Video: Nanoparticles reach clinical trials for prostate cancer
When Frank Billingsley announced he had prostate cancer, the outpouring of sympathy was overwhelming. But one email among the mass of messages the chief meteorologist at KPRC-TV in Houston received stood out.
"I got this email from David Jorden's wife, Melanie," Billingsley said. "David Jorden is the CEO of Nanospectra," a Houston-based company conducting a clinical trial of a nanoparticle-based cancer treatment developed at Rice University.
Billingsley had never heard of the treatment developed in the same city where he's been a popular television personality for almost three decades. His reaction: "Wow, this is really out there, but I would like to at least know about it."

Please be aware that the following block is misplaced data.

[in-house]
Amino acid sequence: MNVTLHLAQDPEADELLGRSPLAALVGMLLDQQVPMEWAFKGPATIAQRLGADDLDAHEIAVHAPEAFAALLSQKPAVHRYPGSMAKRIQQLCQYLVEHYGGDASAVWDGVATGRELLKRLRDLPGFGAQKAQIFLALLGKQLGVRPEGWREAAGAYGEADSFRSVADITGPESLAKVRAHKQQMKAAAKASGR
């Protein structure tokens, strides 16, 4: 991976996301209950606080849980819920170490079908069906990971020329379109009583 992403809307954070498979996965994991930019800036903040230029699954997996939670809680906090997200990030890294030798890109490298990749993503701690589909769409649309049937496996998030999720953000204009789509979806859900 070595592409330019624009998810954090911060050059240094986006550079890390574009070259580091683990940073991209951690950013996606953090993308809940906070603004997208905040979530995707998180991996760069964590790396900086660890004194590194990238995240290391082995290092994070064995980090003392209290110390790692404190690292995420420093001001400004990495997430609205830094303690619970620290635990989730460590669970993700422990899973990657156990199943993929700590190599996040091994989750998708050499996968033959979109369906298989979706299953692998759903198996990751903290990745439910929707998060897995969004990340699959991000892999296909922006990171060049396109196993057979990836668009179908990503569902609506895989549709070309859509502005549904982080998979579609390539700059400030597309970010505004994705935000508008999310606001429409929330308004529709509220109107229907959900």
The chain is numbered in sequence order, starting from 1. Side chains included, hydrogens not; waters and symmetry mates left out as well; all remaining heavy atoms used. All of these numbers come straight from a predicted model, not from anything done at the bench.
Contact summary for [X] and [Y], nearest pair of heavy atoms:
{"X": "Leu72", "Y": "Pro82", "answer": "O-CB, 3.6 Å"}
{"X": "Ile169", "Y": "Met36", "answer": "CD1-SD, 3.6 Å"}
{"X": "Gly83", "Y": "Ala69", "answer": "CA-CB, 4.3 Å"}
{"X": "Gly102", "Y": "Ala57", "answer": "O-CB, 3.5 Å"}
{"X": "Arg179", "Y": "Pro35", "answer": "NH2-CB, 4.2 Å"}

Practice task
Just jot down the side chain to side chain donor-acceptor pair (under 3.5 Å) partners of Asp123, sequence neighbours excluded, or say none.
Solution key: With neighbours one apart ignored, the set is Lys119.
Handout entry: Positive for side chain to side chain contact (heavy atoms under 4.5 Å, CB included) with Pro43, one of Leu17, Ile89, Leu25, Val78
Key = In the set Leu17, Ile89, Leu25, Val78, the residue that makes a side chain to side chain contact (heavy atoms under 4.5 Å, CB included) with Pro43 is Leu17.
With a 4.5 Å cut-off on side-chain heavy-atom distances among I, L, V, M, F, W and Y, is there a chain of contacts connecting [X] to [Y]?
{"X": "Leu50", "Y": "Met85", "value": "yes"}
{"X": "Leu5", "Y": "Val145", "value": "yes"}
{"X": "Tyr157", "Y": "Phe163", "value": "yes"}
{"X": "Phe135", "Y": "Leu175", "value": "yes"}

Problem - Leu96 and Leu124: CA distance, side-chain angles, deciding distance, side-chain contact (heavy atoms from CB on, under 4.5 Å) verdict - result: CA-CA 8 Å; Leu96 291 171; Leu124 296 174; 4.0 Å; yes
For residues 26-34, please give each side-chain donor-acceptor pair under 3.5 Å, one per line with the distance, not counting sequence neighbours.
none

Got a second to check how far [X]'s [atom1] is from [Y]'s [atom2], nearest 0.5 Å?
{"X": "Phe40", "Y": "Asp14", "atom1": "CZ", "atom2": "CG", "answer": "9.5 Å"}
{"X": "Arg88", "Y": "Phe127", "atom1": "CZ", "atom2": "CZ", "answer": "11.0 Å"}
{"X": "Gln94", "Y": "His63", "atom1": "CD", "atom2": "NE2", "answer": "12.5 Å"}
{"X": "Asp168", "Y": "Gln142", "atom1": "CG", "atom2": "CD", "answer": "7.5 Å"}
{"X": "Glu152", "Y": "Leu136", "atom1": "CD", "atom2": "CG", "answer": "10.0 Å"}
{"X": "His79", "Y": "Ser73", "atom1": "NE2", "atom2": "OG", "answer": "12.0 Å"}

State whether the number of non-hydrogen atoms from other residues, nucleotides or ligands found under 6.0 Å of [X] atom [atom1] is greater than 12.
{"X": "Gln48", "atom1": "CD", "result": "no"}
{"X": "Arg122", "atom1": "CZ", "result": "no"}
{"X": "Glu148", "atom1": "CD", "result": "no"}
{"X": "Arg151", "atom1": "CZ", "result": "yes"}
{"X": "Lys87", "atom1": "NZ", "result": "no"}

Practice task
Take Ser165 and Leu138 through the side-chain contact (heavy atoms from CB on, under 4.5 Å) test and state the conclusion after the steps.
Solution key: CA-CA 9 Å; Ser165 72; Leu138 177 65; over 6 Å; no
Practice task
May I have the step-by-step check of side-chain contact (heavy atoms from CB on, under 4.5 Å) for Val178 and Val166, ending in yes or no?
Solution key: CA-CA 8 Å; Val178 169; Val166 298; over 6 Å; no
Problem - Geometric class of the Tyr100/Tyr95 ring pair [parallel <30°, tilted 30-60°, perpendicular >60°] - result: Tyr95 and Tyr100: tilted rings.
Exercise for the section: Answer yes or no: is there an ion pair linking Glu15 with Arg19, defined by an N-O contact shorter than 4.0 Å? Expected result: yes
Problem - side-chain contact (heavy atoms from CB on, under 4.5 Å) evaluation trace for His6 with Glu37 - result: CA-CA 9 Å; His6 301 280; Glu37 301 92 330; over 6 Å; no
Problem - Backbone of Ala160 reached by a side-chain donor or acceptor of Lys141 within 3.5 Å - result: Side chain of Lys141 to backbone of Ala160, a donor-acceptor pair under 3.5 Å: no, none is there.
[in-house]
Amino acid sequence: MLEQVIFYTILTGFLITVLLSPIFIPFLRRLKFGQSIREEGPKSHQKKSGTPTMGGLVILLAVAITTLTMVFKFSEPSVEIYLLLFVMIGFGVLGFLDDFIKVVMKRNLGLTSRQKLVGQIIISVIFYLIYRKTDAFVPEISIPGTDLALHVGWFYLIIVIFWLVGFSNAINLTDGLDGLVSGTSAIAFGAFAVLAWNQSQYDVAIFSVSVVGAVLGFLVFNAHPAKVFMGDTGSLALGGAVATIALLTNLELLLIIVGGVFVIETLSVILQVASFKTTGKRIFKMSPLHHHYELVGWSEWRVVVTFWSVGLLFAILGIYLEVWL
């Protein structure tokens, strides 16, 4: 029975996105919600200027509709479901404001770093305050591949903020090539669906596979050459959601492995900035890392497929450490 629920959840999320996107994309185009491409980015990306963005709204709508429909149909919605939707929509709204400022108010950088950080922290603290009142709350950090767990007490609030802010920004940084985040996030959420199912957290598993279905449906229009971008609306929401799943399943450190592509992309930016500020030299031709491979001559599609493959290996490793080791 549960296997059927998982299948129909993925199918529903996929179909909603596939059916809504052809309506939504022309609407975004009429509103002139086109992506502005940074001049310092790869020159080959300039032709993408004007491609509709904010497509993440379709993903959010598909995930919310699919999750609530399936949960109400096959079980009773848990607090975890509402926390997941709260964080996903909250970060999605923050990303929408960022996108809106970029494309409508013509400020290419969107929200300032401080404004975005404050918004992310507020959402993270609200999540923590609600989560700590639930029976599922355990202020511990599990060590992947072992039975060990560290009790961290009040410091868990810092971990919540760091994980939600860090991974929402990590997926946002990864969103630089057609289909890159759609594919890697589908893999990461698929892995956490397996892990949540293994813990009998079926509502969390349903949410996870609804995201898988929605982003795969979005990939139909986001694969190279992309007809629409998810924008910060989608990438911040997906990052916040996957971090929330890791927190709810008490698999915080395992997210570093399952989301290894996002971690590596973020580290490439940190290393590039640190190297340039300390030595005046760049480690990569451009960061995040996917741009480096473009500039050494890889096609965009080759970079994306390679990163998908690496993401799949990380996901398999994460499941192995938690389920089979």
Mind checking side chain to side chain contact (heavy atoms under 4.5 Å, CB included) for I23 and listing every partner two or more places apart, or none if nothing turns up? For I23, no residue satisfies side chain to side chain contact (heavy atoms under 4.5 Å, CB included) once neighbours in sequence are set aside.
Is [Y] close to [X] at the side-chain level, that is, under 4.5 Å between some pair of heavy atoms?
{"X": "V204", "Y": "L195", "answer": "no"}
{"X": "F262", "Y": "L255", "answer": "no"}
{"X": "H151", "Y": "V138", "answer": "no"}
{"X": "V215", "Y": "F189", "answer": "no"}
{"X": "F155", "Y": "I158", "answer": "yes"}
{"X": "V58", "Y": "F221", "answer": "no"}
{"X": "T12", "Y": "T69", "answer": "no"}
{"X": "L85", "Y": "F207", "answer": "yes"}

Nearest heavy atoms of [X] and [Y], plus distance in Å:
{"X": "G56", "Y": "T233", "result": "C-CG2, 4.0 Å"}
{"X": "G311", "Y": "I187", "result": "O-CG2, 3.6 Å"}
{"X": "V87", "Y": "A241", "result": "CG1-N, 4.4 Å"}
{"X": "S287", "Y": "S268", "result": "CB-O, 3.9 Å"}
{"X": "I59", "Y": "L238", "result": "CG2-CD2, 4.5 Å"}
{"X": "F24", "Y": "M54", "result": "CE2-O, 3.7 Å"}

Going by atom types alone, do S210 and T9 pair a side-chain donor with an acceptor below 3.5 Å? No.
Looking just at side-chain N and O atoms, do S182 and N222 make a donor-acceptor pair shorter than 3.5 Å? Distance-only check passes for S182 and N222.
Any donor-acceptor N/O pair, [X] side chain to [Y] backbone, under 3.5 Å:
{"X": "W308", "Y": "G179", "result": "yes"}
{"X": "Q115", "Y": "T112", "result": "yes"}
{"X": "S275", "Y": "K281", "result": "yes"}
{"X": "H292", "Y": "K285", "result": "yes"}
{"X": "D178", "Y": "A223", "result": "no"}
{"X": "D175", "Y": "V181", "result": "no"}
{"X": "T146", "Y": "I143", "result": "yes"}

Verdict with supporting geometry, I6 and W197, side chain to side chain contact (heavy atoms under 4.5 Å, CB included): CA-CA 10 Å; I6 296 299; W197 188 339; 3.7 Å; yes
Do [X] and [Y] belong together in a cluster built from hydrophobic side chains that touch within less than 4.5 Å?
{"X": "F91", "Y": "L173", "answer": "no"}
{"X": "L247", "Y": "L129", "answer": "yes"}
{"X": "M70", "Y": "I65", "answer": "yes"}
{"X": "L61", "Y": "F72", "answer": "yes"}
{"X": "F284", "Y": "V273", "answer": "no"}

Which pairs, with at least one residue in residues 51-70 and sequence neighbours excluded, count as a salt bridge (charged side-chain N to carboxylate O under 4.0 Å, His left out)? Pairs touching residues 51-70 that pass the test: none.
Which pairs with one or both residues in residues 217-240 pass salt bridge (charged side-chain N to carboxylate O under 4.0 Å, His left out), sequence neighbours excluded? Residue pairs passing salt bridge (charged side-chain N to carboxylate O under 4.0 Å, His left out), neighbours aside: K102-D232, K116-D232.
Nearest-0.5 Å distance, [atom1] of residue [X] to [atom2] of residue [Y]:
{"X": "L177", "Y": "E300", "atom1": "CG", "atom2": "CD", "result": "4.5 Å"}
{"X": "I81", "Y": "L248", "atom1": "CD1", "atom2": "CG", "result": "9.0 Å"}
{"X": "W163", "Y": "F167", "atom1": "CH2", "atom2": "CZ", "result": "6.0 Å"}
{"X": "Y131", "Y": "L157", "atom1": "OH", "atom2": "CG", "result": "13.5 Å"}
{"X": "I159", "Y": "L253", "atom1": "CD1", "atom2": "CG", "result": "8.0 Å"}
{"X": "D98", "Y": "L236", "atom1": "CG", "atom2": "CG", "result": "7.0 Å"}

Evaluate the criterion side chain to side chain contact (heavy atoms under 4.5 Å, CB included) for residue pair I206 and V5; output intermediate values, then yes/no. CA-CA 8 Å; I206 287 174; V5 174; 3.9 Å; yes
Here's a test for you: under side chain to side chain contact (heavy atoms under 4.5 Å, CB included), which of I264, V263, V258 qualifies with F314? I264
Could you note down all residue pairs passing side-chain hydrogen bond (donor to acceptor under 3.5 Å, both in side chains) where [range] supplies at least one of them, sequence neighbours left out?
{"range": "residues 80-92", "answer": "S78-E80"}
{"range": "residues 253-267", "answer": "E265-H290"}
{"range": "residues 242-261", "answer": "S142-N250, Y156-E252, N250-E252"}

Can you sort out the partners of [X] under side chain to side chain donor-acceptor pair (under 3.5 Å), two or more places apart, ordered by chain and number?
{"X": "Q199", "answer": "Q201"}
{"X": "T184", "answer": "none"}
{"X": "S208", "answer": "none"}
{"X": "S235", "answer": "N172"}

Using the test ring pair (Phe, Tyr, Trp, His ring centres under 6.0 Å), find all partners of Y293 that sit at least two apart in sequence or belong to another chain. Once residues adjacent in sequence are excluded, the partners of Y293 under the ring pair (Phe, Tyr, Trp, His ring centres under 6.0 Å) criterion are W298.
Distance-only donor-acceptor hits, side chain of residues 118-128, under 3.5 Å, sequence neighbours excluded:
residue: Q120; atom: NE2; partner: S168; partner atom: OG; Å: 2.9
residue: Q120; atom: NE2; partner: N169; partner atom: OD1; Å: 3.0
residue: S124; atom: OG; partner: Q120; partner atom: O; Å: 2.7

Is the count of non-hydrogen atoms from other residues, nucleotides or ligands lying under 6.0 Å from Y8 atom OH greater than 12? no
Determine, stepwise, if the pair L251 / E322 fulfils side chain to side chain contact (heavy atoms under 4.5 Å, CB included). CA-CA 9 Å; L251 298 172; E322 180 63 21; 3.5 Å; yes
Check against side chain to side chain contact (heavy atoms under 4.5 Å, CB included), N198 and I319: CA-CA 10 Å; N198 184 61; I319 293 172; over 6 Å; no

Maybe it seemed "out there" to Billingsley, but it's long been a quest of Naomi Halas, Rice's Stanley C. Moore Professor of Electrical and Computer Engineering and professor of chemistry, bioengineering, physics and astronomy, and of materials science and nanoengineering and the director of Rice's Smalley-Curl Institute.
Billingsley received a nanoparticle infusion Nov. 27 and underwent a laser ablation procedure Nov. 28 as a part of clinical trials at the University of Texas Health Science Center in Houston. An MRI the next week showed no signs of cancer.
"The nanoparticles are special in that you can design a nanoparticle to absorb light at wavelengths that pass directly through the body," Halas said. "So if the particles are placed in a tumor site, you can irradiate them with light that penetrates through the body. And the nanoparticles will absorb the light, convert the light to heat and very gently they will induce hyperthermia and destroy just the tumor cells."
Trial organizers say it's too early to know whether Billingsley's cancer will return. He will undergo tests during the next year.